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Coping: House plants, sourdough and coping with COVID-19

Reporter Jenny Lamothe says you don’t have to be a greenthumb to grow a few house plants, and you’ll love the benefits to your mental health, your creativity and the air-quality of your home
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Well, here we are. Again. The lockiest lockdowns of all the lockdowns. Lockdown 22: Electric Boogaloo. 

So, how do we cope? Probably using the same techniques we’ve used through this two-year journey called “Two weeks to flatten the curve.”

Sourdough and houseplants. Or maybe that’s just me.

I thought this might be a good chance to offer a few tips on my journey with both as a way to cope with the lockdown. 

Now, let’s say ahead that I have no children, and at the moment, I deeply feel for anyone who does. Coping for first responders, for health-care workers, educators, business owners, will be much more than a little greenery can offer, and my thoughts are with all of you. For those of us working office jobs from home, listen up.

The sourdough was something I had been working with for a few years, and I had one or two lonely houseplants. Over the pandemic, that became a wide variety of poorly made baked goods and many, many browning or wilting plants. But you know what, it helped.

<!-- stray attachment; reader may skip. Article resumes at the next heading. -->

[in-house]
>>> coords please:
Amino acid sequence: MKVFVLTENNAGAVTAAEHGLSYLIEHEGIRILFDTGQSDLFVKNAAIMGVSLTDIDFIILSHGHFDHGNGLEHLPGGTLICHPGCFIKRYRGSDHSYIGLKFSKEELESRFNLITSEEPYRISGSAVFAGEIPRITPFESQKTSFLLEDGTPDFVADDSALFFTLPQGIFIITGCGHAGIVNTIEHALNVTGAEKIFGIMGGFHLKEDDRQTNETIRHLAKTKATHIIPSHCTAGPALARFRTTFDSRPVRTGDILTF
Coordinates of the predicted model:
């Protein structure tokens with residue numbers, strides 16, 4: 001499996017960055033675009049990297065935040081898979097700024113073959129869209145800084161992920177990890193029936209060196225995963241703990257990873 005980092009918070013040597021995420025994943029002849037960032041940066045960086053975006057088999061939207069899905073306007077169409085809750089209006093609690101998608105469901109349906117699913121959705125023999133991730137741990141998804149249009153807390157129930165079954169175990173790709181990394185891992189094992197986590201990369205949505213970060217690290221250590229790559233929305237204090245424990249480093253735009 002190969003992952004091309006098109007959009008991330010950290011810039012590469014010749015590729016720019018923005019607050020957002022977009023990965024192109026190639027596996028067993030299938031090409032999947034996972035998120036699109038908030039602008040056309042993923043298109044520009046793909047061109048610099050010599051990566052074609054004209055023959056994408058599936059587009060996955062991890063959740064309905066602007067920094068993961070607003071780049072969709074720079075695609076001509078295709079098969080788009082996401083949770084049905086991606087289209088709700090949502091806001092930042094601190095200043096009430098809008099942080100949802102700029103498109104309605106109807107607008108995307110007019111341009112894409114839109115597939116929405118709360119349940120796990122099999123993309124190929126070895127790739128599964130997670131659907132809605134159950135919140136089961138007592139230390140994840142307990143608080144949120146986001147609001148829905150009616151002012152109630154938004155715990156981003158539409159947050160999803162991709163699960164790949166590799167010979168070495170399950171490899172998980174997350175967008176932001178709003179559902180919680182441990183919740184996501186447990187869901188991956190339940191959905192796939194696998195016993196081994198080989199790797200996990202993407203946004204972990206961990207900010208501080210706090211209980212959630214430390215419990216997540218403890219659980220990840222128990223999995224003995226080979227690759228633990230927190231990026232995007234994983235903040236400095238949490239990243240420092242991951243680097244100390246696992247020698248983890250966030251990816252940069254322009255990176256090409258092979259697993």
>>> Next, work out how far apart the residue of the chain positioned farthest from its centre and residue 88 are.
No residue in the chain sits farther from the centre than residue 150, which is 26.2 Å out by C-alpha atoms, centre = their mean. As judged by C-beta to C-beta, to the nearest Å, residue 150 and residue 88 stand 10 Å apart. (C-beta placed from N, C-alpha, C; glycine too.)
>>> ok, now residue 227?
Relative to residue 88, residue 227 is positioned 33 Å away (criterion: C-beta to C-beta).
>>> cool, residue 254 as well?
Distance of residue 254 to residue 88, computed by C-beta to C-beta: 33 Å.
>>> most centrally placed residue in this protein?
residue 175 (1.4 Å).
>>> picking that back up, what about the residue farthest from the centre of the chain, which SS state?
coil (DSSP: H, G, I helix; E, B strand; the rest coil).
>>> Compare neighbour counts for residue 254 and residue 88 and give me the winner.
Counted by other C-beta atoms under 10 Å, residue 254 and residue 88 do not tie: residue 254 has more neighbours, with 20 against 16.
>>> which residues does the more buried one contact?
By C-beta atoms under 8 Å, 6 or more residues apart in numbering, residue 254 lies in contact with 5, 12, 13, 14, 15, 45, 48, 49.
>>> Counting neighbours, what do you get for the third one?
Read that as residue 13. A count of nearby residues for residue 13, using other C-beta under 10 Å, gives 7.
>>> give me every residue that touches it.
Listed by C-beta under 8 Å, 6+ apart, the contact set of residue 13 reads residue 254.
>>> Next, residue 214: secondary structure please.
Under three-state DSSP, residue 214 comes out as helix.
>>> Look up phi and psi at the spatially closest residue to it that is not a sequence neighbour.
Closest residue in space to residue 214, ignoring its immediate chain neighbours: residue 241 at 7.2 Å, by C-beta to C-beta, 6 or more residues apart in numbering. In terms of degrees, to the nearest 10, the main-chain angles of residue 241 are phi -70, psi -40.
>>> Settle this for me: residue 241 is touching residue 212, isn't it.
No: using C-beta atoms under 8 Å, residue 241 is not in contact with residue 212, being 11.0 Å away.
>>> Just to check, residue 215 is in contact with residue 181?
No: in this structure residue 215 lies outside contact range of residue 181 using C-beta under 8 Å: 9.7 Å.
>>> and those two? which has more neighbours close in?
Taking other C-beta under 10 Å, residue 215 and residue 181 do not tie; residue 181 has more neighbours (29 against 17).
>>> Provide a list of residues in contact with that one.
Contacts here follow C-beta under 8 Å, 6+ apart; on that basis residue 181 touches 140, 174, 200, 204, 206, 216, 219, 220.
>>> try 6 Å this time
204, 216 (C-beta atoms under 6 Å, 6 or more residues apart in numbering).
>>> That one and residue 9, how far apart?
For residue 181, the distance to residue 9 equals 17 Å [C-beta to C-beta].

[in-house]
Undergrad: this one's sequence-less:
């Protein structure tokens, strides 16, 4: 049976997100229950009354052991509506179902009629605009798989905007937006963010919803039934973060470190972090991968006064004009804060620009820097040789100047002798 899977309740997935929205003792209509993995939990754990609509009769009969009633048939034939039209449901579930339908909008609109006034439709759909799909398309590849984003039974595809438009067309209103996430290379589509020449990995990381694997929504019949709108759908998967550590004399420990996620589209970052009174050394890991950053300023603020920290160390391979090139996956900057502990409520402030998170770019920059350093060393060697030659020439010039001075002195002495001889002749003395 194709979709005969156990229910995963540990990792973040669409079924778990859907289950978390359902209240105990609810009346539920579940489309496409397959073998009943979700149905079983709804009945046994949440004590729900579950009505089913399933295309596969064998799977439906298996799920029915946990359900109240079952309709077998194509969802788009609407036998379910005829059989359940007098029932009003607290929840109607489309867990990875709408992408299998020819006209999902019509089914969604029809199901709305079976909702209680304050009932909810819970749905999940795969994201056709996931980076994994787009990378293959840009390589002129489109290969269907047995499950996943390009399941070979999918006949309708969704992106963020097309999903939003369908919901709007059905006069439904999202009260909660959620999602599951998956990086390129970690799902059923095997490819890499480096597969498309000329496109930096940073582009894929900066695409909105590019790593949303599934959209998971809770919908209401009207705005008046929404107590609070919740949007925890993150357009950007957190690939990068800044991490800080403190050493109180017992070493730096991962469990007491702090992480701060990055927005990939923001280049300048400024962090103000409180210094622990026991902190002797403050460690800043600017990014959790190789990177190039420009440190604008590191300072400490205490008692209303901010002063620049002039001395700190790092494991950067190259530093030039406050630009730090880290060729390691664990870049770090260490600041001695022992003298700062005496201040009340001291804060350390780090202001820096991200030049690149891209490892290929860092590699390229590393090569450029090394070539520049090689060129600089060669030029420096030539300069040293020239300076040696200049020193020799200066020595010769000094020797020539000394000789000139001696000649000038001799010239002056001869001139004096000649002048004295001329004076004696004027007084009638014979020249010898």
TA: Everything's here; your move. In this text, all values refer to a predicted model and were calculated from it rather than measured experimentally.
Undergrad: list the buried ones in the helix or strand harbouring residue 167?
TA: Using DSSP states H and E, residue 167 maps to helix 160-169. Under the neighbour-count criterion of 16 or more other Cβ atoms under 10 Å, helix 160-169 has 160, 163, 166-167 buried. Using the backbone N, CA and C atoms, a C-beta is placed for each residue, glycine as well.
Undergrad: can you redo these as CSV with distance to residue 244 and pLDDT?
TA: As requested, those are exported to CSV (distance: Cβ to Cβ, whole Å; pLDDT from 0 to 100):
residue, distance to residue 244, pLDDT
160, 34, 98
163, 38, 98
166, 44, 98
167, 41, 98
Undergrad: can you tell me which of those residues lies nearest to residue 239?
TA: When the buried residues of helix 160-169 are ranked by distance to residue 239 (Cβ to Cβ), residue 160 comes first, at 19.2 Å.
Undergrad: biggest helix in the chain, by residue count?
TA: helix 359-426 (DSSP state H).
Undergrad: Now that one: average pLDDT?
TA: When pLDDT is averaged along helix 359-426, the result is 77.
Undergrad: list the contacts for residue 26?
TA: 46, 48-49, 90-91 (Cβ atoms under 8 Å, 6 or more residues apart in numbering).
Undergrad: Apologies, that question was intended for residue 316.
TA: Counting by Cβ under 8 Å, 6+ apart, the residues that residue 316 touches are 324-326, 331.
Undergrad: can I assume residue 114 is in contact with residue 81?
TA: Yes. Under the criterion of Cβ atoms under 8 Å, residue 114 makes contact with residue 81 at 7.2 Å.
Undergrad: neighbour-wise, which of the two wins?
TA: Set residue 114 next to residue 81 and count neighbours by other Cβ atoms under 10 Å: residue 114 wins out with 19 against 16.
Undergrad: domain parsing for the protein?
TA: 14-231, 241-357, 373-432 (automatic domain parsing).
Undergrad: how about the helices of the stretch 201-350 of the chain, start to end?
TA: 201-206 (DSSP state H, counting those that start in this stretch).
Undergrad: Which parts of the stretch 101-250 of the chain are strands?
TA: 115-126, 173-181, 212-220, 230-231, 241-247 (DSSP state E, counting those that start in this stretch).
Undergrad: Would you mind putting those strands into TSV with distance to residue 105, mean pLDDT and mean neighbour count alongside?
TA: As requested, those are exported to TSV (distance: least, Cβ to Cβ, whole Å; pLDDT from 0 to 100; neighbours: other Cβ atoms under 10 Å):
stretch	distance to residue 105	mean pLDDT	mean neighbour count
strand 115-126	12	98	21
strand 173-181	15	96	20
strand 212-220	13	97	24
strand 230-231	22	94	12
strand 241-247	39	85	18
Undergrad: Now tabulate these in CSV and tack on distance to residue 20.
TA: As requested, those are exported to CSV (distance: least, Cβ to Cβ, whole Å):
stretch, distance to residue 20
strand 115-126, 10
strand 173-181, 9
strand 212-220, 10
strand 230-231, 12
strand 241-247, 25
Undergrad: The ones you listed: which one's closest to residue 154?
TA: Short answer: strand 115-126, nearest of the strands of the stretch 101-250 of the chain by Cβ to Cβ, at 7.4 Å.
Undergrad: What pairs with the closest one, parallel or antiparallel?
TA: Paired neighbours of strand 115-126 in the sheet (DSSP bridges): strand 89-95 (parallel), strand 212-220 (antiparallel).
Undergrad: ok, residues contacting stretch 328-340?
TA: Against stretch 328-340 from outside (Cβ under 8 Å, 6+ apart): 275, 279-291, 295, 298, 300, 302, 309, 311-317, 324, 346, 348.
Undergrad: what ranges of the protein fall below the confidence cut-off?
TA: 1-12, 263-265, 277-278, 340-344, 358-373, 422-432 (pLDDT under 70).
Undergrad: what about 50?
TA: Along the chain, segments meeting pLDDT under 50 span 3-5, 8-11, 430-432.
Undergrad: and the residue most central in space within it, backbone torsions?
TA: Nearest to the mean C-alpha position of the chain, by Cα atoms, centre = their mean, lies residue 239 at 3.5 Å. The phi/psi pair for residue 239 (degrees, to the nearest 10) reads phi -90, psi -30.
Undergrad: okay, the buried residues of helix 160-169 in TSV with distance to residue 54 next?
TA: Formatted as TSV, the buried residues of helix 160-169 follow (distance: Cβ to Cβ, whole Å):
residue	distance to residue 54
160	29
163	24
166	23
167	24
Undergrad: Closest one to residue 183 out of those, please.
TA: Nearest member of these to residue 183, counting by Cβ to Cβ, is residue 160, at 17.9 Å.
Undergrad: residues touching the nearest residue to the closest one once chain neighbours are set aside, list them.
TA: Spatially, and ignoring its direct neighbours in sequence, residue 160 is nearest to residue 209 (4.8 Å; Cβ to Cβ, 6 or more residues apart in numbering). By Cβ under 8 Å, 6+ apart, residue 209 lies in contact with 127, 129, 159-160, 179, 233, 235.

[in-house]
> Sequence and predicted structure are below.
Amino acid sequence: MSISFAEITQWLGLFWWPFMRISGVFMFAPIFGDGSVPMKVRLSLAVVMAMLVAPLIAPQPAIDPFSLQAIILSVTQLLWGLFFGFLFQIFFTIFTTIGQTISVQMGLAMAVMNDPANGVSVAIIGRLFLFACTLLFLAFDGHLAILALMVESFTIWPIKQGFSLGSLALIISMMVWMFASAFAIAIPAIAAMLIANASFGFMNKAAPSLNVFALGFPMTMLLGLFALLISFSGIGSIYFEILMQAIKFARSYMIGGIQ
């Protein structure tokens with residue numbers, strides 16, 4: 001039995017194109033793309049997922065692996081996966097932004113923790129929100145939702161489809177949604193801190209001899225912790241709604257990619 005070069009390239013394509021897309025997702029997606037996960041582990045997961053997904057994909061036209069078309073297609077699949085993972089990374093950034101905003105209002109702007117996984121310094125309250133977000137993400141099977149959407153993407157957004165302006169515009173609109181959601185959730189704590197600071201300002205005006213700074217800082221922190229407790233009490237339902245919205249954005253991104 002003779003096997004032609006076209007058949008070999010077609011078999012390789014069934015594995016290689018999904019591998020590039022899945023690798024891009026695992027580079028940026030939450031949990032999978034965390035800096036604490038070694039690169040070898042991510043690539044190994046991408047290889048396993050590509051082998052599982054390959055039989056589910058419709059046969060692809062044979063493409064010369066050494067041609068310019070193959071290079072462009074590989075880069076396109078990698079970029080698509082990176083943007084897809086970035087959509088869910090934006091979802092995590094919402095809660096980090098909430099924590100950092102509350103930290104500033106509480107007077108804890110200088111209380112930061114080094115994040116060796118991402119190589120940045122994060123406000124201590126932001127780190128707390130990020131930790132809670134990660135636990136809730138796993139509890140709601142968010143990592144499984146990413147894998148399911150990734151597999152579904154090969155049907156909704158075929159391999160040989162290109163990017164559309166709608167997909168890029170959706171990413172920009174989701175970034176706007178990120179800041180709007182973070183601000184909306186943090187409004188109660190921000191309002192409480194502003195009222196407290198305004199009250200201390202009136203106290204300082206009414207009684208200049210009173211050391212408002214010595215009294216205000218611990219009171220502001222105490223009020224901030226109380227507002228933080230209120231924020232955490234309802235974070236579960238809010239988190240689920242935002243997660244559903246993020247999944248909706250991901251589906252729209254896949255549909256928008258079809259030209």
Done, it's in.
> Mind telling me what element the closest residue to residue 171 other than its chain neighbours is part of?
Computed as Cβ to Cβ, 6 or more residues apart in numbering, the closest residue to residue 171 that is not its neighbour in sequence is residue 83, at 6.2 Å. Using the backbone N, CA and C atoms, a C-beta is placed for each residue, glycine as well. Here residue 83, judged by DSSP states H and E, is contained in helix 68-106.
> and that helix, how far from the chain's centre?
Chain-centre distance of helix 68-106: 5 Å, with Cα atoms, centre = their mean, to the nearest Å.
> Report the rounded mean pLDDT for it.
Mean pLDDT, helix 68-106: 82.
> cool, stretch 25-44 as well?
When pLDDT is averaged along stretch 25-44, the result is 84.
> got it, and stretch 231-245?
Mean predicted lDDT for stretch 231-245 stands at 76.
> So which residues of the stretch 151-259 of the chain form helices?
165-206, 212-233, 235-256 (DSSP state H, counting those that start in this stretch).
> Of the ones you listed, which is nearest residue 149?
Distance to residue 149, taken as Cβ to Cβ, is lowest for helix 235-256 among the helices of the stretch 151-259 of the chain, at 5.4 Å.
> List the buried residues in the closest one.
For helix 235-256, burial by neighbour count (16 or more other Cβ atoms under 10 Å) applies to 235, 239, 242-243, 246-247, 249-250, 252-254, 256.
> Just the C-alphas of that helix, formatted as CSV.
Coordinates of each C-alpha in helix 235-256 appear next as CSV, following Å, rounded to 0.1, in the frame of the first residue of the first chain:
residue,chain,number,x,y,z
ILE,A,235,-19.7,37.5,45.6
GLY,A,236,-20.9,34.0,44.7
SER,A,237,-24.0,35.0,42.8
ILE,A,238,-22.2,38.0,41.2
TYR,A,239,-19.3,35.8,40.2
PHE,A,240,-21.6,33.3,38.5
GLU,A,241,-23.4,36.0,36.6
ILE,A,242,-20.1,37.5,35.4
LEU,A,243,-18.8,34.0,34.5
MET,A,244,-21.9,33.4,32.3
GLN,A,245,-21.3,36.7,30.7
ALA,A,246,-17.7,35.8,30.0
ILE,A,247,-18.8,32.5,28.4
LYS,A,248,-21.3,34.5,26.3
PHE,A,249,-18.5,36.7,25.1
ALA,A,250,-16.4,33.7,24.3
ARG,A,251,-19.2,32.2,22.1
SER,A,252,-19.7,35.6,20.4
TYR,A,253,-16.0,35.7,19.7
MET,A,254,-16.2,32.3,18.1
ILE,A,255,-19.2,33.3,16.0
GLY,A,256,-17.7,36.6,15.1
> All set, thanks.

Staring at the four walls, for those of us lucky enough to be able to work from home, has been made brighter by the smell of baking bread (that didn’t rise right and maybe tastes like a delicious brick) but also, from greenery. And greenery is the easiest to achieve. Sort of. 

I don’t believe in greenthumbs, even though many say I have one. It assumes that there is a gift to plants, not thought and work. My vegetable garden is a sight to behold, but every vegetable is a $1,000 a pound because of the work and worry that goes into them.

Outdoor plants are heartier than indoor plants for sure, less sensitive to change, but in no way does being an outdoor gardener prepare me to be an indoor gardener. 

But there is reason to take on a little challenge. Not only are microorganisms in the soil improving air quality in a house you’ve been haunting for sometime now, but they are proven to improve productivity, and more than anything, reduce stress

This is not only in homes, but in offices and workplaces as well, so when your home becomes your workplace, it’s the best of both worlds. 

But it is a challenge, certainly. But getting one plant, one that thrives on being ignored, and completely ignoring it, could be just the thing for you. 

My plants make me want to stare at them, which in turn, ensures I am not staring at a screen all day and night. Even just a momentary reprieve. Also helpful is the need to stare: in the newsroom, and common among writers, it is a usual occurrence to see someone staring off into space for a significant period of time, allowing their brain to make connections and find the words. 

Staring at a plant is not only quite pleasant, but is also conducive to creativity

And yes, my two biggest reasons for getting plants is to stare at them. I’m comfortable with my choices.